Drawbacks? Who Wants To Talk About?... Nobody Wants... But I Do!
I really would have loved to don't point out the negatives, but these are things you definitely have to know!
So please, do me and you a favour and read carefully
M·O·S·Q·U·I·T·O·S or "That's The Price Of Paradise"
In my wise foresight, I brought 7 bottles of 3 different repellents with me.
"Autan", "No Bite" and "Jungle Formula DEET".
Nothing of it really helped (the Jungle Formula hasn't been too bad) , but we used every single one of it.
After a few days I counted approximately 80 bites on each leg. Each of these bites began to swell, to bleed and later on to fester. You can NOT imagine, how itchy each of these bites have been.
Then, after the first sleepless nights, my girl got hundreds of bites too and at the end of the trip we counted more than 700 bites (!) all over our bodies... and this isn't a joke! We still have some of them, after 2 months without staying in any jungle.
Our legs have been bleeding for 6 weeks for the whole trip. The only aids, which helped a little, have been some antibiotica and Aloe Vera from a pharmacy.
"Calamina Plus" - An Antibiotica With Zinc and "Aloe Vera"
So what you need is "DEET". It's a highly "chemical mace", it's disgusting, it stinks, it smears and important seems to be, that the repellent you're using contains at least 50% deet, the more the better.
Keep in mind, that you always need to cover yourself with the repellent. So take it immediately after waking up, after swimming and before going to sleep.
Also the natives are suffering from these beasts, not everyone is used to them, the guys told me.
I really don't wanna show you the disgusting pictures, so these are after a few days with an emergency bandage
Try To Avoid To Scratch - It's Getting Much Worse!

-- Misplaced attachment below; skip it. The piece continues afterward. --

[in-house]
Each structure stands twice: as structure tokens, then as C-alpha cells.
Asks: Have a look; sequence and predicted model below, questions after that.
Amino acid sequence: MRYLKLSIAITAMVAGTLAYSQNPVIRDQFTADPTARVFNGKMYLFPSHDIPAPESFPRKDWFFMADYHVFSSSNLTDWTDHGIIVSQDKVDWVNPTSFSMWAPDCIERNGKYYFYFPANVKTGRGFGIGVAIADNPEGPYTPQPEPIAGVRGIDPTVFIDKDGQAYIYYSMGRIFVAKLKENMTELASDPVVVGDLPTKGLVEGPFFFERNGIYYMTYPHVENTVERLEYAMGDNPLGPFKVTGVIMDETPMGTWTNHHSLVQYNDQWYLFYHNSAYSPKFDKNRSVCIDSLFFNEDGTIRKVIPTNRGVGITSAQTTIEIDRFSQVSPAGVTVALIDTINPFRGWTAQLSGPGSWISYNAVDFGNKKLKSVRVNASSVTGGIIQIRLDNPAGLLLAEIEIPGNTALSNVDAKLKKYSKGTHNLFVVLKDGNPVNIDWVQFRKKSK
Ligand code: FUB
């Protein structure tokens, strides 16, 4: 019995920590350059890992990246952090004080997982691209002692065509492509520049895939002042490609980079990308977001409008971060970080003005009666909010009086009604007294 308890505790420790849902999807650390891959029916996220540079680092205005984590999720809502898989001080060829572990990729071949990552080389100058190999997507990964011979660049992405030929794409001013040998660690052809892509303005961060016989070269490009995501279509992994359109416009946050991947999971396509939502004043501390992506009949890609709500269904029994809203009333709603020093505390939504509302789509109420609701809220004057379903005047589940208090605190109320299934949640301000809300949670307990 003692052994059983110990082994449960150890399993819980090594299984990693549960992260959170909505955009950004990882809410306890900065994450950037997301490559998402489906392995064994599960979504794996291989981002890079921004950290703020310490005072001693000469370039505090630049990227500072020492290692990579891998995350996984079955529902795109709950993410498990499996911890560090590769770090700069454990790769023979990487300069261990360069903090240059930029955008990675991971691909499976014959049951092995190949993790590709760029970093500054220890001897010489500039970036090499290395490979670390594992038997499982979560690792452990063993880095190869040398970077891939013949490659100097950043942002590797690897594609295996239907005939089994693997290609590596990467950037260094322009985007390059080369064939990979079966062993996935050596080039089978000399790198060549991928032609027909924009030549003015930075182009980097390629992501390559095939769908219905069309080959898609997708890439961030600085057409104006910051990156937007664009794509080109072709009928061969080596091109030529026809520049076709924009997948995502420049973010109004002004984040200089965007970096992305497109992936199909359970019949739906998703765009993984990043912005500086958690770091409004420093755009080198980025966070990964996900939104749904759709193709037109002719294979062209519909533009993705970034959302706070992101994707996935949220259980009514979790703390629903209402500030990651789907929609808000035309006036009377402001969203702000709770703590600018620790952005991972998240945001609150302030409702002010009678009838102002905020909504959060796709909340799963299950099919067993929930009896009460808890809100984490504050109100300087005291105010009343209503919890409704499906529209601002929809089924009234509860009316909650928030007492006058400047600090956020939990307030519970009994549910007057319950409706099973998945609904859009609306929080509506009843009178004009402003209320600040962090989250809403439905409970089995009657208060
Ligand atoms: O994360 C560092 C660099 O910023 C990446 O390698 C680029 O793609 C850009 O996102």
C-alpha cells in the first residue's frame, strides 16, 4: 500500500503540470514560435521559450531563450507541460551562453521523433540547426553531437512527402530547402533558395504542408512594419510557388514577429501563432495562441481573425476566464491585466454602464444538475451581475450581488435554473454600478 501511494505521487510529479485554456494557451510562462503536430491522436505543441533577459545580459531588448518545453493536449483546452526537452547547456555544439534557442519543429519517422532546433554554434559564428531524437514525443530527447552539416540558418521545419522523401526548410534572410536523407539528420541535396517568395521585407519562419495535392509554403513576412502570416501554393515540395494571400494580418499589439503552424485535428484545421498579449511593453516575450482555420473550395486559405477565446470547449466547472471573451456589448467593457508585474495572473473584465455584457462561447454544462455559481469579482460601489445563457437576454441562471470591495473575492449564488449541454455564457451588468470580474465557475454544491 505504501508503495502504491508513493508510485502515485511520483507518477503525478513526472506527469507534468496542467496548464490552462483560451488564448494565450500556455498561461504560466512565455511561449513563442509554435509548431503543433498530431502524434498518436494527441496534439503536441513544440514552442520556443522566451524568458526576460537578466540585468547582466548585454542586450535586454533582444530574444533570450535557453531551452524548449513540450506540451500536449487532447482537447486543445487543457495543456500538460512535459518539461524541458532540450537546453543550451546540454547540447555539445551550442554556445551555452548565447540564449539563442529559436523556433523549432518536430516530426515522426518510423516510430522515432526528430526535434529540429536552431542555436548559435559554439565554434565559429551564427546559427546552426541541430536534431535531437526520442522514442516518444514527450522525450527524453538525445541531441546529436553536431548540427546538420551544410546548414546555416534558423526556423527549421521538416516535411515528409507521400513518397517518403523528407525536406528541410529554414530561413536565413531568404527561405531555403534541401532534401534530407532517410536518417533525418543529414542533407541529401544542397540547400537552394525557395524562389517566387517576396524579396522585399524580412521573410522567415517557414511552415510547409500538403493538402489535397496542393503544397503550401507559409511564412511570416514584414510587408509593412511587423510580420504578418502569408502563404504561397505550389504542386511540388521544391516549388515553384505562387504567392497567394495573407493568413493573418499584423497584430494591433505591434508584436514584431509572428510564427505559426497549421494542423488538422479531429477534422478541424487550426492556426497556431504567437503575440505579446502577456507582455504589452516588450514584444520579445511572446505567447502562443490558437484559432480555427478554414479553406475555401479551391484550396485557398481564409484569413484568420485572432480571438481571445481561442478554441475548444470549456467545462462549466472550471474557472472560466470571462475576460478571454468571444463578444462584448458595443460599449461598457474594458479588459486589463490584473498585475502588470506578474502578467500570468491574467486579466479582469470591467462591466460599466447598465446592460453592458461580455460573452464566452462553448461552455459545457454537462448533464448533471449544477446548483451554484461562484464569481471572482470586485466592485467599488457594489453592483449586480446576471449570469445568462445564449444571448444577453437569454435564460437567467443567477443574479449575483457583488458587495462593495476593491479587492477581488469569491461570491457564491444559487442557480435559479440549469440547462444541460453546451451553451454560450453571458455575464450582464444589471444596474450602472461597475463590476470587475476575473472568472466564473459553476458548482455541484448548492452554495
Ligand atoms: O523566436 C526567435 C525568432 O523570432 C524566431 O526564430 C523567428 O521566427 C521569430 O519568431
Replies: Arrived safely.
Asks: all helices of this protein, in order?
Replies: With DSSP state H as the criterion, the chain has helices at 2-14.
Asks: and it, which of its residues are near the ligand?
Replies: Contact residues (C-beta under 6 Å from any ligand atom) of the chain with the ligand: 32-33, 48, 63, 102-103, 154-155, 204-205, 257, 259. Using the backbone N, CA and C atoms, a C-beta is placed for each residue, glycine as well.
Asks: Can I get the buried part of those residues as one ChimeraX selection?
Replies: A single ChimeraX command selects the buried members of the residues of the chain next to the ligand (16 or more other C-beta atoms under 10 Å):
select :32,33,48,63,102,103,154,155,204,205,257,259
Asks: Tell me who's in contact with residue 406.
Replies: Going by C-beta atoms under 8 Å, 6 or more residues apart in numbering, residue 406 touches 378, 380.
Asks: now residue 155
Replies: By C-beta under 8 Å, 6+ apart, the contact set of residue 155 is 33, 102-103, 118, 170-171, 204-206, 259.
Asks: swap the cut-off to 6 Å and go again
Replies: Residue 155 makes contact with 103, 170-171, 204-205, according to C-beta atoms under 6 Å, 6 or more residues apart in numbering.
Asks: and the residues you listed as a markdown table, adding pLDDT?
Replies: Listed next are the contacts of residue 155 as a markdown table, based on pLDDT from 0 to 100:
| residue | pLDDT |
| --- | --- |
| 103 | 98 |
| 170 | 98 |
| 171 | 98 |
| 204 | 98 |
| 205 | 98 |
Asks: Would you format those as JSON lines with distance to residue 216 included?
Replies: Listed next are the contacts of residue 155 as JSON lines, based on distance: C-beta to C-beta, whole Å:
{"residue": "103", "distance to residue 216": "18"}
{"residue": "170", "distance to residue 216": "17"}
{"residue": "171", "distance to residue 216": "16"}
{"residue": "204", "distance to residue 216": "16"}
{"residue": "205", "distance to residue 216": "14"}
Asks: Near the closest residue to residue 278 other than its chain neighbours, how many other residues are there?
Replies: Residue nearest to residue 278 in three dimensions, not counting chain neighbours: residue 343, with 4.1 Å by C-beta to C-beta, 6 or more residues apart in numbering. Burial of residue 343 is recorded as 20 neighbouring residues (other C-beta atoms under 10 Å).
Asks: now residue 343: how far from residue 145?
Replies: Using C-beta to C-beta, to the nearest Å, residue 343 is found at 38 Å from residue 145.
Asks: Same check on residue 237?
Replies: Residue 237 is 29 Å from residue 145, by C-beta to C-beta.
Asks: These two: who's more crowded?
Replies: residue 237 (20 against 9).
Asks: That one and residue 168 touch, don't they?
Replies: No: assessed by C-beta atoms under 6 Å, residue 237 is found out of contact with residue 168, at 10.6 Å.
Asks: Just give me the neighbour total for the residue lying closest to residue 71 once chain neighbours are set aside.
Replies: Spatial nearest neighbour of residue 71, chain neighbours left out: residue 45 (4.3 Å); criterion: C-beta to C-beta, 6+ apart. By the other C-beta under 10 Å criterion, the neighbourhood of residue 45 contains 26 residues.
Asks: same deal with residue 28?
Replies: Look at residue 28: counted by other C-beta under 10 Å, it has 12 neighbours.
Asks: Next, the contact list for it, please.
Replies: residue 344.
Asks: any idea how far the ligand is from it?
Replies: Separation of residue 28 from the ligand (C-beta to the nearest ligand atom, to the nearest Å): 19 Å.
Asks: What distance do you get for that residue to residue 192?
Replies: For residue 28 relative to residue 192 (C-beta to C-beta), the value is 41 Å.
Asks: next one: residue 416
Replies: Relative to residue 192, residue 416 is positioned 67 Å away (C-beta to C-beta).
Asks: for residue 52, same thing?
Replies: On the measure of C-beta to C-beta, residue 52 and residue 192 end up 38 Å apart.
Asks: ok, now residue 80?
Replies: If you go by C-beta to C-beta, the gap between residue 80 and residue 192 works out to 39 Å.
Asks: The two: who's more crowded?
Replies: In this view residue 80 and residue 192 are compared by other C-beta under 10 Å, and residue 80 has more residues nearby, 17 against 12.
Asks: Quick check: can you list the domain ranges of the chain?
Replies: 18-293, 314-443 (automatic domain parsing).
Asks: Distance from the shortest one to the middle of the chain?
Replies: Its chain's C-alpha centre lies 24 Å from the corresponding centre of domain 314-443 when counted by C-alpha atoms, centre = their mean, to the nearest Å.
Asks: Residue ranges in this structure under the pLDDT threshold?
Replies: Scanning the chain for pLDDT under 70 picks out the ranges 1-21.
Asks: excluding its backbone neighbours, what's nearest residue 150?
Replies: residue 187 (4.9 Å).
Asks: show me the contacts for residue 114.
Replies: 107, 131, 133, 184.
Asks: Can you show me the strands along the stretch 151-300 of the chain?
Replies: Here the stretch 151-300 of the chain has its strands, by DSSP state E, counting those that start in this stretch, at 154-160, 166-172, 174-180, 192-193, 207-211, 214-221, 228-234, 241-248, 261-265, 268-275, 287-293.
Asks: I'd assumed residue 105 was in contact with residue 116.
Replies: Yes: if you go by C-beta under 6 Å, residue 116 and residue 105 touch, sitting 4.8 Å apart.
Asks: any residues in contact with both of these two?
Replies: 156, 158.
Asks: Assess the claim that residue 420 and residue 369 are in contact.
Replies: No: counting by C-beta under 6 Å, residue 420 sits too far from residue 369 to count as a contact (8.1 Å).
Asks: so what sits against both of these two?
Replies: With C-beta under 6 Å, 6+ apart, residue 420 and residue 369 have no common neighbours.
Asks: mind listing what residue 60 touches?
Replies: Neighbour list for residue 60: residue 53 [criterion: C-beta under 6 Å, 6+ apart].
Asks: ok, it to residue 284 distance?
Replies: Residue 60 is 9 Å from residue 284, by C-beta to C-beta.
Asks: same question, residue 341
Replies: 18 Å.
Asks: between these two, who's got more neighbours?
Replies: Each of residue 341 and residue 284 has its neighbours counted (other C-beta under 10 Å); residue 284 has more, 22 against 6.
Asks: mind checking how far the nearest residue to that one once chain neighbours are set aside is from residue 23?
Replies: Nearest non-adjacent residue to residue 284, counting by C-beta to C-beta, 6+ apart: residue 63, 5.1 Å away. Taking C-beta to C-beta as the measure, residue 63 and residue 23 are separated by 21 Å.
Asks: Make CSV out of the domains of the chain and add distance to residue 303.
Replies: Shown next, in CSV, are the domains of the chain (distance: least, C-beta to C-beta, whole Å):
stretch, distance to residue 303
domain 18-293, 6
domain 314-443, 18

When it's getting itchy it would be stupid to scratch, but you will... it's normal and you mostly cannot avoid it.
Prepare yourself with some simple things and keep them with you. There are several things you can do, but the most important is: HEAT!
The enzyms of the secretion of the mosquitos or sand flies will die, when heated up to over 50°C.
So take a spoon and a lighter and heat up the spoon. When it's hot, just press it onto the bite, but be carefull not to burn your skin. You can do so with a cigarette or just the lighter too, as shown in the pictures.
It is getting horrible itchy now and that's a good sign. After you burned the bite and all enzyms are gone, heating the bite again won't be itchy anymore, it just burns.
The lasts "trick" is the most painful and the most itchy one, but it helps you immediately with hundreds of bites and lets you sleep all the night.
Make a campfire and wear a short trousers. When the ember has a good color and temperature, try to stand as close to the campfire as possible.
DO NOT BURN YOU AND DON'T DO IT DRUNK!
Now you need to be strong as Hercules, Superman or Thor. It itches much, much more, than it hurts and you just wanna die! Do not exaggerate, but the enzyms will go by every second.
Make a rest for a few minutes and do so again for as long as it won't itch anymore.
Burn The Bites!
Care For Your Skin!
Once you're done, your skin is heavily stressed.
Now make a mixture of cold "Calamina Plus" and "Aloe Vera" (always try to keep it as cool as possible) and put it onto your skin, don't be stingy! If you have an emergency bandage or an elastic one, wrap it around your extremity.
Now you should be fine for the rest of the night, but always keep in mind:
The enzyms aren't entirely gone. Once you begin to scratch again, some of them are still alive and they will itch again.
Please always be careful!
Sonja and I tested every single method, but we've been really carefull. Some days before we tried this methods, we thought about flying back to germany, but these 'lil things saved the rest of our trip! Please keep in mind, that everything you'll do, is at your own risk!
At The "Catarata Del Toro"
The Trip Of Your Lifetime!
We hope that your trip to Costa Rica will be as unforgettable as ours and wish you the trip of your lifetime.
Thorsten & Sonja